In Drowned Out, Worthington Daily Globe staff writer Julie Buntjer reports:
Having completed a county erosion estimate of Rock County’s 320,000 acres, he said there was an estimated $160,000 in damage to existing conservation practices and another $4.5 million in damage caused by gullies and washouts on land where conservation practices weren’t in place.
“It’s a very good demonstration of what conservation practices can do,” Bos said. “We probably only covered three-fourths of the county in those figures — those dollars are just erosion costs or damage, nothing with the roads or ditches.”
Buntjer includes advice from Stephanie McLain, district conservationist with the Natural Resources Conservation Service office in Worthington, about the value of cover crops to prevent additional issues like soil erosion and "fallow field syndrome" for fields where crops were drowned:
Because of the timing of the storms, McLain suggests farmers consider planting cover crops.
“If you have bare soil, any fertilizer you put out there has the potential to be lost,” McLain said.
Cover crops could scavenge the nitrogen and recycle it, making it available for the next planting season.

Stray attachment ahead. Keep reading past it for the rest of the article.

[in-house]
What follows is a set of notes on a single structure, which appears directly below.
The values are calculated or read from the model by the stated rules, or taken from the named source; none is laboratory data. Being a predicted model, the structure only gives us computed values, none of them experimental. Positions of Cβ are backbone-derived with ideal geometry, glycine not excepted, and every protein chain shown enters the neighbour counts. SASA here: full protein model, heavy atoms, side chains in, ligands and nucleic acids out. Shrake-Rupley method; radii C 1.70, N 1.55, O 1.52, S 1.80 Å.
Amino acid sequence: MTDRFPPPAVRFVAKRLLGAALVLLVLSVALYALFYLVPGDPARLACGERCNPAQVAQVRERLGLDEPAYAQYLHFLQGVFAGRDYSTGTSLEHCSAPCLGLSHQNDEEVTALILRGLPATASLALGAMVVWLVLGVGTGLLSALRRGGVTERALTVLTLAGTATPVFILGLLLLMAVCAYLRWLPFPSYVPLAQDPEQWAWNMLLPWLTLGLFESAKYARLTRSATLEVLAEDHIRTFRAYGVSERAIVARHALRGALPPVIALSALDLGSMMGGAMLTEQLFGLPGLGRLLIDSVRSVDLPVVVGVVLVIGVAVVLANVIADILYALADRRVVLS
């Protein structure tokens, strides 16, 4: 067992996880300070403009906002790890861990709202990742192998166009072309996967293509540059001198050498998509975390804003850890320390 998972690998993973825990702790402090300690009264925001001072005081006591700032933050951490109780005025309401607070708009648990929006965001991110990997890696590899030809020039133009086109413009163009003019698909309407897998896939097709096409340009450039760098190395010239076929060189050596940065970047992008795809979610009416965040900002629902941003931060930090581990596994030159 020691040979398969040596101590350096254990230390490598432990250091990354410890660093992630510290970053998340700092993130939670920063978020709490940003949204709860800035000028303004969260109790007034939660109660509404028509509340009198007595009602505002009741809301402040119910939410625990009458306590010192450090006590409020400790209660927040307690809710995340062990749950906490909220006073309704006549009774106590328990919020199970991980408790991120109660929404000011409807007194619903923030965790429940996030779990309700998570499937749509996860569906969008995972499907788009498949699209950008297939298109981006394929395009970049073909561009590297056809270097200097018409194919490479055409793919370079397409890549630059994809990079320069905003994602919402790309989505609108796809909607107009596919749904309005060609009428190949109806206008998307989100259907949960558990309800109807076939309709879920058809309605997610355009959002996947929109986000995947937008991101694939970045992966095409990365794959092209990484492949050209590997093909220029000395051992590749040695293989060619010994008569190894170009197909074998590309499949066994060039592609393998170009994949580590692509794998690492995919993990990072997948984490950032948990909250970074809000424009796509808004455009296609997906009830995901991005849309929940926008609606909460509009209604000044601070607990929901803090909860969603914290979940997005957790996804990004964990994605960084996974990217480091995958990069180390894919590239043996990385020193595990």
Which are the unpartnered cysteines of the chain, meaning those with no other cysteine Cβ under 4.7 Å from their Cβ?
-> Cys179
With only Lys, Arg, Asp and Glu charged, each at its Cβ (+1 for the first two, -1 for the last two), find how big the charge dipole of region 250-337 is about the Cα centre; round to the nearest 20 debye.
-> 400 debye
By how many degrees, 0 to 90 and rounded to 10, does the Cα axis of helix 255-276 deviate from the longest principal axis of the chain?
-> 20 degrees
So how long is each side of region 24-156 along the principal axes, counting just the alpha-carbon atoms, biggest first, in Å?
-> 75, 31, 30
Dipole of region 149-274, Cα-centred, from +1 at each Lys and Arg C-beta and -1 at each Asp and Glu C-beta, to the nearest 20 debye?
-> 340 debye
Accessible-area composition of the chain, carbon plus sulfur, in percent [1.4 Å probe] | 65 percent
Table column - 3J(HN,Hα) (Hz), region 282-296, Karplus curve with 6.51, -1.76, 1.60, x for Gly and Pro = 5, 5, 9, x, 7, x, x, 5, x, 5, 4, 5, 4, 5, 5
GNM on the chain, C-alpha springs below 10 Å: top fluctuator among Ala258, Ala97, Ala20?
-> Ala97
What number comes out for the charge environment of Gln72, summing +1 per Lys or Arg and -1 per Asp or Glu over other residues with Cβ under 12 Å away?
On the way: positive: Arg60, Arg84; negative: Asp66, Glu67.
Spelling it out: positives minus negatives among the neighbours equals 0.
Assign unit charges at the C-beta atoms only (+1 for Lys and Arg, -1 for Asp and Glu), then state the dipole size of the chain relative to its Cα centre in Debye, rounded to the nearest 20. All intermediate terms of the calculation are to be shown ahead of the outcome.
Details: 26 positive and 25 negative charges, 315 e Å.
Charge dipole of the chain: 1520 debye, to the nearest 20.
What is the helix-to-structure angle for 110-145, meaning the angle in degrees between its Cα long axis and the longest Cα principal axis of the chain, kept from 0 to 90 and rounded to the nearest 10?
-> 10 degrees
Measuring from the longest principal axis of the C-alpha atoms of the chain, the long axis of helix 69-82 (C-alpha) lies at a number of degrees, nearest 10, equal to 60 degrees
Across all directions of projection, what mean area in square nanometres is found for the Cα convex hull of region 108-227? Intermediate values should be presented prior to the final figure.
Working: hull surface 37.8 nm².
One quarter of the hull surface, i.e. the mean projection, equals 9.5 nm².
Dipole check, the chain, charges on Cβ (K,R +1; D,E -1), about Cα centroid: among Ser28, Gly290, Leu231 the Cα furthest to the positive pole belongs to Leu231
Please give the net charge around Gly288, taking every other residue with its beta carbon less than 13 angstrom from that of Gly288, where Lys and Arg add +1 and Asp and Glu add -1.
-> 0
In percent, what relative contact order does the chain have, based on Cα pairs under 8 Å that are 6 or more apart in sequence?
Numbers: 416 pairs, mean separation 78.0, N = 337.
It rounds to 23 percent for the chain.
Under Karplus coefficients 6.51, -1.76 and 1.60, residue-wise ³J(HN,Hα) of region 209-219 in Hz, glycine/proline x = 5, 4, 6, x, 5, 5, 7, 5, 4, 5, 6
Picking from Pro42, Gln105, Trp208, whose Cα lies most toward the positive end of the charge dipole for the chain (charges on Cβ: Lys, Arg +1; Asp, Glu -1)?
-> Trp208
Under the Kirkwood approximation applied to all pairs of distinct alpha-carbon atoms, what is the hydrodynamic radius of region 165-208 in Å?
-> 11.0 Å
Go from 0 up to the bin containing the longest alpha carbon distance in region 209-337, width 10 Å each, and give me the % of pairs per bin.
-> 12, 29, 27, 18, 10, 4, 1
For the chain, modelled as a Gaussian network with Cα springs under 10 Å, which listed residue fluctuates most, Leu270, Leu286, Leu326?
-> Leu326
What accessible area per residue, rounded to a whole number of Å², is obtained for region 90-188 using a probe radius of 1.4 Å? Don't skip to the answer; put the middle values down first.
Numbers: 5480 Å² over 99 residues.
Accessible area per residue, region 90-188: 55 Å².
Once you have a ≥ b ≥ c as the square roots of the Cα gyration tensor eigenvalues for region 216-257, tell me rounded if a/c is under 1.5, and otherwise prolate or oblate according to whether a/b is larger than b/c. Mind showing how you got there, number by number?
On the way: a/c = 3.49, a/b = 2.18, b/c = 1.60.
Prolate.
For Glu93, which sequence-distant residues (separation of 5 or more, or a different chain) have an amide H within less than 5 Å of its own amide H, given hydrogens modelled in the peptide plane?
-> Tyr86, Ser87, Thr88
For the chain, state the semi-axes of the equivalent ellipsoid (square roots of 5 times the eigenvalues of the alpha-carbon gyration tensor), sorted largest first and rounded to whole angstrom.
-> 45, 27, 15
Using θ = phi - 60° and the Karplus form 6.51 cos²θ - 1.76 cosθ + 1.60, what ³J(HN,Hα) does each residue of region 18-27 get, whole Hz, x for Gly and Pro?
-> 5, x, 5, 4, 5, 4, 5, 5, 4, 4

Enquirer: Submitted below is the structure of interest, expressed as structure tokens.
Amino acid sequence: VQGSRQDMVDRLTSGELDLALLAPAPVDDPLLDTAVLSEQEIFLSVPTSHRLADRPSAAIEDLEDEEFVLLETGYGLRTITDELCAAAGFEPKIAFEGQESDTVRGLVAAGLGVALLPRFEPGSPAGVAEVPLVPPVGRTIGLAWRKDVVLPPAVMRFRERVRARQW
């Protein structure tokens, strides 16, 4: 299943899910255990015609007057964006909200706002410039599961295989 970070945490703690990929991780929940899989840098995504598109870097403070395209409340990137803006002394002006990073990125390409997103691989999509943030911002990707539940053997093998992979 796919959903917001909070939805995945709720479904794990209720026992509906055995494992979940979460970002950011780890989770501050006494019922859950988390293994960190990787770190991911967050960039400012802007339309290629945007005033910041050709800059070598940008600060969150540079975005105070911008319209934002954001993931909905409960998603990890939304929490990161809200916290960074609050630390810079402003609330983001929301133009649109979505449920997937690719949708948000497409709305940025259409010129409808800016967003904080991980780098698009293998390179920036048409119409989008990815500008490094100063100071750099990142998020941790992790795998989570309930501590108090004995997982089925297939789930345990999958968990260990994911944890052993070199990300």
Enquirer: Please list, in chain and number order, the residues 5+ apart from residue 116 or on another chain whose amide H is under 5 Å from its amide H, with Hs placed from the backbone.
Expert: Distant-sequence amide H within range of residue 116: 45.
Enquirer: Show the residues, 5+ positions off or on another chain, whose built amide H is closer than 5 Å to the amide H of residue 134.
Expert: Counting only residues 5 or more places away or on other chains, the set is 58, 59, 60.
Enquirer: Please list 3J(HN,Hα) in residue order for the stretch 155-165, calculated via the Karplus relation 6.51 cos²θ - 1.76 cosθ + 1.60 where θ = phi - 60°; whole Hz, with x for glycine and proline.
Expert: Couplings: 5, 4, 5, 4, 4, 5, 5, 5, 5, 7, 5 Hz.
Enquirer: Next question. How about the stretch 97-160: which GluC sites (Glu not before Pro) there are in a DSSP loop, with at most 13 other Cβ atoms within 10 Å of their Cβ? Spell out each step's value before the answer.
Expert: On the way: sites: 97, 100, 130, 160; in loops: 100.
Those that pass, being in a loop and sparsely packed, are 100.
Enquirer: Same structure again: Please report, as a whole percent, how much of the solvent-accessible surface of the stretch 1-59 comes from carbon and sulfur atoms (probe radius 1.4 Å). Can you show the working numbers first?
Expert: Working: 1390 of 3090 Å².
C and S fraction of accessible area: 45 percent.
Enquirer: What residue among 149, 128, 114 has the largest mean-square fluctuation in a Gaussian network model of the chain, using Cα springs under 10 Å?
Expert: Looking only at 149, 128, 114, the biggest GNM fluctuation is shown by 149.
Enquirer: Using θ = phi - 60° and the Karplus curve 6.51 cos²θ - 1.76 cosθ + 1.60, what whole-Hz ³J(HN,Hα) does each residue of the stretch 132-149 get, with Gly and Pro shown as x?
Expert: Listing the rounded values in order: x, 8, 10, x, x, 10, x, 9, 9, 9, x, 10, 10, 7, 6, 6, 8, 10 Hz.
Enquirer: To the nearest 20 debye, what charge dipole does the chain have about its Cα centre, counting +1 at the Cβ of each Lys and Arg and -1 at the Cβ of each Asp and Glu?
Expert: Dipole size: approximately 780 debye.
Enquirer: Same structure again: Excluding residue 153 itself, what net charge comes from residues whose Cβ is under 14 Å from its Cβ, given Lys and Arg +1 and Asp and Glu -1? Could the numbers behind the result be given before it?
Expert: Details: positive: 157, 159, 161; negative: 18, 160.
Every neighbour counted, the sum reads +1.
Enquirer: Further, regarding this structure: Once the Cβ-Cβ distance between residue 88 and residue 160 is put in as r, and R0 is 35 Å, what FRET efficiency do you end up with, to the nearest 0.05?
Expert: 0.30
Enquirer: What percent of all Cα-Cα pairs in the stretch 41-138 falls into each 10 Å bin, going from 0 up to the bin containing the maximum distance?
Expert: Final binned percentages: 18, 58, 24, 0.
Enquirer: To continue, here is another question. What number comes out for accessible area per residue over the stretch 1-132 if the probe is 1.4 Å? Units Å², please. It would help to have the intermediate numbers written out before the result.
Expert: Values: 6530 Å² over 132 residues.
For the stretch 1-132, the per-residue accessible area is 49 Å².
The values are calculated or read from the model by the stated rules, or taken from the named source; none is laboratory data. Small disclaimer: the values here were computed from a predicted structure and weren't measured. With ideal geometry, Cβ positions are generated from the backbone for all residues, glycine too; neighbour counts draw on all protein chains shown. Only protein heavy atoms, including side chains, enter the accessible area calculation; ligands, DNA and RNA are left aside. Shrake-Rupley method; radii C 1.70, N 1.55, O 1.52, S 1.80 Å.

Bare soil has the potential to erode with wind and rain, she said, and planting cover crop vegetation will provide protection to the soil and also improve infiltration and compaction. Cover crops can also crowd out undesirables like ragweed and pigweed.
“If we can get something in there to compete with them, we reduce the likelihood of that becoming a weed patch year after year after year,” McLain said.
Better that the fertilizer stay in the fields, rather than ending up in river or groundwater. Read the whole article at the Worthington Globe.
Photo: Flooding in Luverne, Minnesota; the line of cars in the background are crossing Interstate 90 before it was closed. Photo by Dale Moerke.
If you appreciate Bluestem Prairie, you can mail contributions (payable to Sally Jo Sorensen P.O. Box 108, Maynard MN 56260) or use the paypal button below:
Email subscribers can contribute via this link to paypal; use email sally.jo.sorensen at gmail.com as recipient.